“By undermining the flexible, independent work for millions of Americans, President Joe Biden’s DOL is choosing to move forward with a final rule that creates an ambiguous and difficult-to-interpret standard for determining independent contractor status. Under the rule’s multifactor test, employers will now be forced to guess which factors should be given the greatest weight in making the determination. Instead of promoting much-needed economic growth and protecting legitimate independent contractors, the final rule will result in more confusion and expensive, time-consuming, unnecessary, and often frivolous litigation, as both employers and workers will not understand who qualifies as an independent contractor.

“Regrettably, the confusion and uncertainty resulting from the final rule will cause workers who have long been properly classified as independent contractors in the construction industry to lose opportunities for work. Legitimate independent contractors are a vital part of the construction industry, providing specialized skills, entrepreneurial opportunities, and stability during fluctuations of work common to the industry. They play an important role for large and small contractors, delivering construction projects safely, on time and on budget for their government and private customers. This move will jeopardize the ability of construction firms to continue the industry’s longstanding practice of utilizing legitimate independent contractors.”

Conclusion and Takeaways

The DOL’s new rule underscores the ongoing efforts to create a more transparent and equitable framework for determining employment classifications. Traditionally, with any change in policy a certain degree of unpredictability is sure to follow.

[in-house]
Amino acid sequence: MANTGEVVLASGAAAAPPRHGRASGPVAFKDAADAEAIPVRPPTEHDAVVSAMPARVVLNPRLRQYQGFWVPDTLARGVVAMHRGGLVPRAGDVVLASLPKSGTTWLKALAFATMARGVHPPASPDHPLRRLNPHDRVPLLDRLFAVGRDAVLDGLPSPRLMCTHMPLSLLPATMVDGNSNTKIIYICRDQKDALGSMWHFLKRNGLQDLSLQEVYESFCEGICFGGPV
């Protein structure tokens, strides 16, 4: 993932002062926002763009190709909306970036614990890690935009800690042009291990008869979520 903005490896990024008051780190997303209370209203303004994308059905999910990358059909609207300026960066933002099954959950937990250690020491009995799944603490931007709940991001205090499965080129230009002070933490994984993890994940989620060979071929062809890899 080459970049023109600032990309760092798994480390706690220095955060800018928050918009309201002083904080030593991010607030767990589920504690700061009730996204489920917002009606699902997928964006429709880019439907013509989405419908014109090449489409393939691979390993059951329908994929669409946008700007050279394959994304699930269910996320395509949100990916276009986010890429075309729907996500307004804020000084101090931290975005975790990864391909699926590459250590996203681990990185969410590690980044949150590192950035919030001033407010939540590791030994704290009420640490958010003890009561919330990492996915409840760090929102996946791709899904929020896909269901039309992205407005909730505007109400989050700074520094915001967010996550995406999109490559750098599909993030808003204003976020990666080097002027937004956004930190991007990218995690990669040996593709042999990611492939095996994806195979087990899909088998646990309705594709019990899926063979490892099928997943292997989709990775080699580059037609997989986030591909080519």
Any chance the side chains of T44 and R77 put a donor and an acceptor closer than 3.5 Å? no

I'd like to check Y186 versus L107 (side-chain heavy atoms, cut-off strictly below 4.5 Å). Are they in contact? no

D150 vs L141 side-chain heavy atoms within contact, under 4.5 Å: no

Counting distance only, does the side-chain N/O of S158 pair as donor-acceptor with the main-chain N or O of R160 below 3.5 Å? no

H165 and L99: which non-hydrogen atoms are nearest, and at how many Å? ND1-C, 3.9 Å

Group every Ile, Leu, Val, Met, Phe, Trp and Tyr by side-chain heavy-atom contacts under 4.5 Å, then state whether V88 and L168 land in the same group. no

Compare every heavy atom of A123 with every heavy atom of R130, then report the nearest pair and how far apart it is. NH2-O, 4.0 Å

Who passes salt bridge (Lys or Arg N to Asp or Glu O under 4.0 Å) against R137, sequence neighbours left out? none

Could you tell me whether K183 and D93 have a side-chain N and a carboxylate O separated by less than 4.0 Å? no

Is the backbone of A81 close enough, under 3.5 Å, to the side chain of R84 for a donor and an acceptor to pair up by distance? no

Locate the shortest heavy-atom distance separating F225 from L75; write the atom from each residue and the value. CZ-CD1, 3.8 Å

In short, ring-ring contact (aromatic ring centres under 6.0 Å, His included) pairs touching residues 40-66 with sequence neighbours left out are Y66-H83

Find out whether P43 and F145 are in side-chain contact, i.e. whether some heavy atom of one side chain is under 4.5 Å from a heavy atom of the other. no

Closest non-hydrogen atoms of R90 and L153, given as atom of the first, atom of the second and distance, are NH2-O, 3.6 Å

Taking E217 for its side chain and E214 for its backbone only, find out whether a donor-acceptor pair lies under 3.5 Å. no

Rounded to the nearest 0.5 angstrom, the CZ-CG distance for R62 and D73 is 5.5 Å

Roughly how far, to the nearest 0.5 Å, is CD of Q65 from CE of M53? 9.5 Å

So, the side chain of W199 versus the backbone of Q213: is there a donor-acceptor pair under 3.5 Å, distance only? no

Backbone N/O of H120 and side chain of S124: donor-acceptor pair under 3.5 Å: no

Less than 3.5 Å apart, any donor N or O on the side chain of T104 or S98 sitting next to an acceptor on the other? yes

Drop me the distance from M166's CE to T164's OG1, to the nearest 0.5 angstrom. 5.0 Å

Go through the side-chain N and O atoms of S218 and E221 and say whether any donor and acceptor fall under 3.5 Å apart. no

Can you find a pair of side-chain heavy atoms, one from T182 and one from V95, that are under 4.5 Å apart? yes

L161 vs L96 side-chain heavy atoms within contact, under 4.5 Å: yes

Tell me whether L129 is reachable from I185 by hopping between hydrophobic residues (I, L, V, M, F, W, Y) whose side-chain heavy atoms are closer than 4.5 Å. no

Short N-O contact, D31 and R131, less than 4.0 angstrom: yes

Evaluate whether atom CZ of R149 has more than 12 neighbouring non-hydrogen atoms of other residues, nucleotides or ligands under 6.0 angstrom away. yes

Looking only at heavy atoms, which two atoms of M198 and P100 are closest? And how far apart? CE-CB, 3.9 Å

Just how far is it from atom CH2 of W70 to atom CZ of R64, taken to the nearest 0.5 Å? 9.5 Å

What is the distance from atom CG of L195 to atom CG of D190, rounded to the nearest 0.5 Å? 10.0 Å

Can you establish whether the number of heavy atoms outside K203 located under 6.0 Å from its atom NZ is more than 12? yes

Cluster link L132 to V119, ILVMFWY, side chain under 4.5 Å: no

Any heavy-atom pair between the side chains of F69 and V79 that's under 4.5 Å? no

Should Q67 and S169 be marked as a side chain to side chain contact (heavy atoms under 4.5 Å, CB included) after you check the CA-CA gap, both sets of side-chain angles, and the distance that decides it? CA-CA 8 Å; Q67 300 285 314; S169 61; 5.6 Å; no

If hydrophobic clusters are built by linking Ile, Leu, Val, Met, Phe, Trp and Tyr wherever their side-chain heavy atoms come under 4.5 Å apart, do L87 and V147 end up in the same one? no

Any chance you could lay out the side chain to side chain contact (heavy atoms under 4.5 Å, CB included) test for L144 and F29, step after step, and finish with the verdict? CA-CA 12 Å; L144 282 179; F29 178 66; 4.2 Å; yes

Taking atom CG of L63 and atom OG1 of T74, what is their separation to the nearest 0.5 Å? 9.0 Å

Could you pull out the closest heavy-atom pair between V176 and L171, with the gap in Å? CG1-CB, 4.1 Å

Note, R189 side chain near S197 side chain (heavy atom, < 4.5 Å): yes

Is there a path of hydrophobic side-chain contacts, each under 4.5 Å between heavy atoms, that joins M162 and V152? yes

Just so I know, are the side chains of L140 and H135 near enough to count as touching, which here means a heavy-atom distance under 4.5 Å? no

Employers and workers alike must pay close attention to the specific criteria outlined in the test, adapting their practices to ensure compliance with the latest guidelines. In doing so, both parties contribute to a fair and just work environment that reflects the diverse and dynamic nature of today's labor market.

About Our Authors

Michael MacHarg is a member of the Adams and Reese Labor and Employment practice team with the Litigation Practice Group. He assists clients in labor relations and litigation, and with union avoidance, collective bargaining, contract administration, unfair labor practices, grievance and arbitration, wage and hour issues, and discrimination. Additionally, he has extensive experience related to workplace safety and health issues including compliance, audits, and citation defense.

Hogan Crosby is a member of the Adams and Reese Labor and Employment practice team with the Litigation Practice Group. He also represents corporate clients in general insurance defense. Crosby received his J.D. from Tulane University School of Law, and he is a graduate of Rhodes College, with a B.A. in Commerce and Business, a concentration in Finance, and a minor in History. Crosby formerly worked in the financial services industry, obtaining a FINRA Series 7 license and Colorado life accident and health insurance licenses.